In dealing with the sting of rejection recently, I realized how badly I had internalized the messages I was getting — or really, thought I was getting. Because no one has ever come out and said, “You’re not fun, you’re not very smart, you’re not pretty enough, and you have too much baggage.” That was just what I was telling myself.

I googled “rejection and mindfulness” to learn a little more about what was going on. First, I found a great article on “Understanding Rejection: How to Mitigate Its Effect On the Brain.” It starts off discussing “contingent self-worth,” or basing our sense of self-worth on how much stuff we have, how successful we are or how much people like and accept us.

Of course, building up your sense of self-worth would be one step to helping rejection hurt less. (And it does hurt; research shows that social rejection actually activates the same regions of the brain that physical pain does.) Building up your independence and resilience also are important pieces in handing rejection well.

In the article, psychologist Arnie Kozak says:

It’s helpful to ask yourself, ‘what’s really on the line here?’ You can then see if your sense of okay-ness is really undermined by the rejection. Often, we worry how we’ll be perceived by others and that is just another contingency. Rejections aren’t the end of the world, but sometimes we can react as if they are. Being turned away from one opportunity makes you available for another. Ultimately, I encourage people not to take things so seriously. If that reaction arises, mindfulness practice can help people to back away from it and keep things in perspective.

I liked that a lot, because so frequently, what’s on the line is … not much. So I didn’t hear back from a guy who I had hoped might be a potential romantic candidate, even though he had been the one to approach me and ask me out. What was on the line? Clearly, a guy who doesn’t have the time, interest or capability to communicate with me clearly. Whoopity-de-doo.

Another article, “Our Need for Acceptance and the Pain of Rejection,” discusses breaking free of rumination and self-criticism, which is apparently my forte:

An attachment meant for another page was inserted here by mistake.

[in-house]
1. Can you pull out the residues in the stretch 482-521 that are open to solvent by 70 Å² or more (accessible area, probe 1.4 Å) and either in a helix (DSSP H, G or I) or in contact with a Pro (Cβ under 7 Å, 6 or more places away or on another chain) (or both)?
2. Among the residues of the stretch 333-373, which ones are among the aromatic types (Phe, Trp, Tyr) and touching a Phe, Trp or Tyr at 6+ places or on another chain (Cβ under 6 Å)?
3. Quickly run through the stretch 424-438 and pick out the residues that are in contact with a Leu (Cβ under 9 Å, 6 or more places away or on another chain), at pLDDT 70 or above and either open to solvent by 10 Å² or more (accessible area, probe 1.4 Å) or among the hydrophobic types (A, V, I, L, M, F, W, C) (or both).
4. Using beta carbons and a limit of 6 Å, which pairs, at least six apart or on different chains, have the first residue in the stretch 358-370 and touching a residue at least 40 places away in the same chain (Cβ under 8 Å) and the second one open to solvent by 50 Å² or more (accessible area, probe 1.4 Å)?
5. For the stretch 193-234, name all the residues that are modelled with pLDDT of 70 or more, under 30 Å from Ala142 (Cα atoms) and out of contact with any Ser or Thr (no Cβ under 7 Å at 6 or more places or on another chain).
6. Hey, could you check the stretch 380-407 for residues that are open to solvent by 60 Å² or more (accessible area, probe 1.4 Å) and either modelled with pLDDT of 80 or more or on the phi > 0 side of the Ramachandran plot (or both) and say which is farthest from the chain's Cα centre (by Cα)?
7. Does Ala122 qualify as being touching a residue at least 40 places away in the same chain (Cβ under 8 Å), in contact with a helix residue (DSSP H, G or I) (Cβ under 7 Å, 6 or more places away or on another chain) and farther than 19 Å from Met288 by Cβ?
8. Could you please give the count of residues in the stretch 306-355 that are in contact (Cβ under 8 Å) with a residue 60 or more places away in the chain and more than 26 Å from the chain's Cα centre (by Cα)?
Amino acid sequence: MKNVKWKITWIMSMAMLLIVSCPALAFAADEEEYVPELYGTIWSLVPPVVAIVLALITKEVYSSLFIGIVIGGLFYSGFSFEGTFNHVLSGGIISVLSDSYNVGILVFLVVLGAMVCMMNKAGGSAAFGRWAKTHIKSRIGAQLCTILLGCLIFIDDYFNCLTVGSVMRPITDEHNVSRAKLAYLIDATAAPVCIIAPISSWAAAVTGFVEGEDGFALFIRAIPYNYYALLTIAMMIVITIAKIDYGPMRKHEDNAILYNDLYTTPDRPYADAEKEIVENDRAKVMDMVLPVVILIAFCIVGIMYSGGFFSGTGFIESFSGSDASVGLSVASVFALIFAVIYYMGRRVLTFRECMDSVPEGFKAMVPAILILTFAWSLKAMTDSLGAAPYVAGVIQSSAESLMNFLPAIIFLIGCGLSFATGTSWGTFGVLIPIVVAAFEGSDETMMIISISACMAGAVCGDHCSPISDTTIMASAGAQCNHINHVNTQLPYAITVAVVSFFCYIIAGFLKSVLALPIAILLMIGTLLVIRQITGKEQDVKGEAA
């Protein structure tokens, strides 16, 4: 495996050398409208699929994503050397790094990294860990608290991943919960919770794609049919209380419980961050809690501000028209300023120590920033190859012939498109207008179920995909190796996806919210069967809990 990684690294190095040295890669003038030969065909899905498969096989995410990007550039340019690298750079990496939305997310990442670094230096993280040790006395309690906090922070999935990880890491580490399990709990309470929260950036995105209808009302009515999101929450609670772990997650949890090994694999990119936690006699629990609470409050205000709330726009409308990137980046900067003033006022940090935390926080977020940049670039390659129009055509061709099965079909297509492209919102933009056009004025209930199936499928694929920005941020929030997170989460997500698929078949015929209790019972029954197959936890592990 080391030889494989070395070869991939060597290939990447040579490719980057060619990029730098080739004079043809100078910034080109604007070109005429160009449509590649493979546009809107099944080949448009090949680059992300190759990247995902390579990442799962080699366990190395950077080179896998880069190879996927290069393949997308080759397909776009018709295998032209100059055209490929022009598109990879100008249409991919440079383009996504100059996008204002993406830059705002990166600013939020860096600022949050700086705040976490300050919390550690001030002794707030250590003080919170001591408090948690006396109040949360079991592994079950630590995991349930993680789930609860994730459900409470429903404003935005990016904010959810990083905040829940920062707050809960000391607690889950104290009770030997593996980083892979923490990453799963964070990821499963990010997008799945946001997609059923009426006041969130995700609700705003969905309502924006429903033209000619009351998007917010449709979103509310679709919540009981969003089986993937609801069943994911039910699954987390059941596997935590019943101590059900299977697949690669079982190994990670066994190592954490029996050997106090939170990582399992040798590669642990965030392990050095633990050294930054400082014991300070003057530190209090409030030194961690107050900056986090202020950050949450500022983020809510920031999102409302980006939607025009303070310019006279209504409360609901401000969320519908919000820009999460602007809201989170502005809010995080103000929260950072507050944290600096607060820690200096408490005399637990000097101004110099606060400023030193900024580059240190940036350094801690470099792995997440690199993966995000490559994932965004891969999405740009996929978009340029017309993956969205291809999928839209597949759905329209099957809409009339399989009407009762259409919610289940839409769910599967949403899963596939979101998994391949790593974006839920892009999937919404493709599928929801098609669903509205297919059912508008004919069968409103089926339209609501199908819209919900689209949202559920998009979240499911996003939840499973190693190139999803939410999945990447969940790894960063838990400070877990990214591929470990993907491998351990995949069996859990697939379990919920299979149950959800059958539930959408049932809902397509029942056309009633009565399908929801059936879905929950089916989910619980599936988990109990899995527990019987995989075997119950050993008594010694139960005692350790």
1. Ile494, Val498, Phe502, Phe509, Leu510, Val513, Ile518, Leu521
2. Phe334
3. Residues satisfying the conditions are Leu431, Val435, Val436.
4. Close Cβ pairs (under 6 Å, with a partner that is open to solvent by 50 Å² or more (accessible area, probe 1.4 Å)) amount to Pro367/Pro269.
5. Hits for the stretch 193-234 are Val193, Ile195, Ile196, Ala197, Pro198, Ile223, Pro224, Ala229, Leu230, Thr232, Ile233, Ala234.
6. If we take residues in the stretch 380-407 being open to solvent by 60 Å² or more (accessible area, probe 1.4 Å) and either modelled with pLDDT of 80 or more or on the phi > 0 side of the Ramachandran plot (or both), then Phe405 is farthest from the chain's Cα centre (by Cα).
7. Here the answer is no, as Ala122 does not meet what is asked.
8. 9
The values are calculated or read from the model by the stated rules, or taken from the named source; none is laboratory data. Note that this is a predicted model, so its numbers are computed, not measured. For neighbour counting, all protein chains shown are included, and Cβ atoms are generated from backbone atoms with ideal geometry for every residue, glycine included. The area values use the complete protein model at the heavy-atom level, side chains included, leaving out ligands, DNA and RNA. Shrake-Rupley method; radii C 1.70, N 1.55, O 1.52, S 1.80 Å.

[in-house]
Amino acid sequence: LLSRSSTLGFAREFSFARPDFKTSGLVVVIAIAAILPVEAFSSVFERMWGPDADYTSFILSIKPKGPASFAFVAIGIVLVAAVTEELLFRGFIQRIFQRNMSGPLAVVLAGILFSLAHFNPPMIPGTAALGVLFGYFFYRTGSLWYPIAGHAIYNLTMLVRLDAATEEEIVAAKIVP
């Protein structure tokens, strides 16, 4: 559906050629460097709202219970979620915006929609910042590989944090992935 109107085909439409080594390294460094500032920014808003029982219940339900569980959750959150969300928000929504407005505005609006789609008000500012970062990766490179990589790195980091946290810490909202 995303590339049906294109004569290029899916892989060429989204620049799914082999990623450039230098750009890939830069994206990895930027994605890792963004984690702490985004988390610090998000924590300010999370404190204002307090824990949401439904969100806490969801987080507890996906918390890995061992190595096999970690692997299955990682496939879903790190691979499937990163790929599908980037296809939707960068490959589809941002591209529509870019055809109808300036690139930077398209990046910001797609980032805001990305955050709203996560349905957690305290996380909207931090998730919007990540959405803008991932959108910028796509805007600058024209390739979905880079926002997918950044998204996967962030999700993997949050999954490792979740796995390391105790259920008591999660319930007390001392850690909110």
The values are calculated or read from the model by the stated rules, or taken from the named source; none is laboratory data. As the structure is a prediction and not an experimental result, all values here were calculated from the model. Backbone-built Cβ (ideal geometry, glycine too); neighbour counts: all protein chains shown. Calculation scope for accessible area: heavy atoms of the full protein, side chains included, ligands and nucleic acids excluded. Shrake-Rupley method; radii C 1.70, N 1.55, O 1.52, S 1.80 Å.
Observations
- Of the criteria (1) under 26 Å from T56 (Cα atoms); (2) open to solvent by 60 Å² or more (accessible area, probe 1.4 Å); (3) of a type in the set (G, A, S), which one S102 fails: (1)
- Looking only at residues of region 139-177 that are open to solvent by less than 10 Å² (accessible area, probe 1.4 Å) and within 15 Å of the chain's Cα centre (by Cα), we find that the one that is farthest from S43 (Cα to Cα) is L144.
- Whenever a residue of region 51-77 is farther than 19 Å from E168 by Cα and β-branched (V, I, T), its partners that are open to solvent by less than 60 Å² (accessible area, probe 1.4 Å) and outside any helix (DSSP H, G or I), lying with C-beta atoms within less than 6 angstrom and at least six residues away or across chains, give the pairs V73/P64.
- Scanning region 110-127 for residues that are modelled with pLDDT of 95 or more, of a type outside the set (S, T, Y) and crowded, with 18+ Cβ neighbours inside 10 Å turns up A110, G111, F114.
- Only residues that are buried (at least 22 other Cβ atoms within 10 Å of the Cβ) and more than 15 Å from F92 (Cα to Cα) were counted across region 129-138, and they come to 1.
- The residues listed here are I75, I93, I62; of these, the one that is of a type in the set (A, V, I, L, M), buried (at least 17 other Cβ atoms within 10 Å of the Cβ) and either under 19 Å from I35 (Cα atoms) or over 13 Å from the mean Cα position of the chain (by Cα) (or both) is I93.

If we’ve been rejected, we may end up ruminating on what we could have done differently; how we could have done more to make people want us. Thoughts like “What’s wrong with me?” might be echoing around in our minds. If we’re not mindful, we may start coming up with harsh answers to these questions. Before we know it, we’re caught in a downward spiral of self-blame and self-criticism.

36334268I don’t know if I have ever blamed anyone but myself for rejection. My initial instinct is to always assume I’ve done something wrong, said something wrong or even been something wrong. But when we’re mindful, we can examine the messages we’re telling ourselves, and we can examine their truthfulness. We can realize that frequently, the rejection wasn’t about us at all. Maybe there was another candidate that was better qualified. Maybe he wasn’t over his ex. There are a thousand reasons that we can’t know behind someone’s motivations.

And finally, we need to embrace the suffering to some extent. I have been reading Thich Nhat Hanh’s “No Mud, No Lotus,” and this passage struck me:

When you’re overwhelmed by despair, all you can see is suffering everywhere you look. You feel as if the worst thing is happening to you. But we must remember that suffering is a kind of mud that we need in order to generate joy and happiness. Without suffering, there’s no happiness.

What can I grow in this mud of rejection? What is it teaching me about myself and the work I need to do? What wisdom can it impart to me? The lotuses I am hoping to grow are Self-Worth, Resilience and Mindfulness.

What will you grow?

It’s oh so quiet

The last month has been a struggle. I have fallen into my old pattern of constantly seeking distraction and reassurance.

Spending my mornings and evenings restlessly  flipping through my phone, texting friends, reading articles and comment threads, and arguing with strangers on Facebook.

Doing anything to not think about being lonely, being bored, being hurt.

I haven’t dated, although I have talked to a couple of guys. In neither case were they candidates for serious relationships. The attention made me feel good, though — I felt happy and excited and, well, valuable, when I heard from them. And then when it fizzled, I felt rejected. Worthless. Alone.

Every time it happened, it amplified. Every time, I plunged deeper into my world of social media and disconnectedness from the real world.

So, I am trying to take baby steps to get back on track. Putting the phone out of reach. Keeping it out of my bedroom at night. Focusing on my breathing, and what I can hear and see and feel. Being okay with being alone in my head and in my house.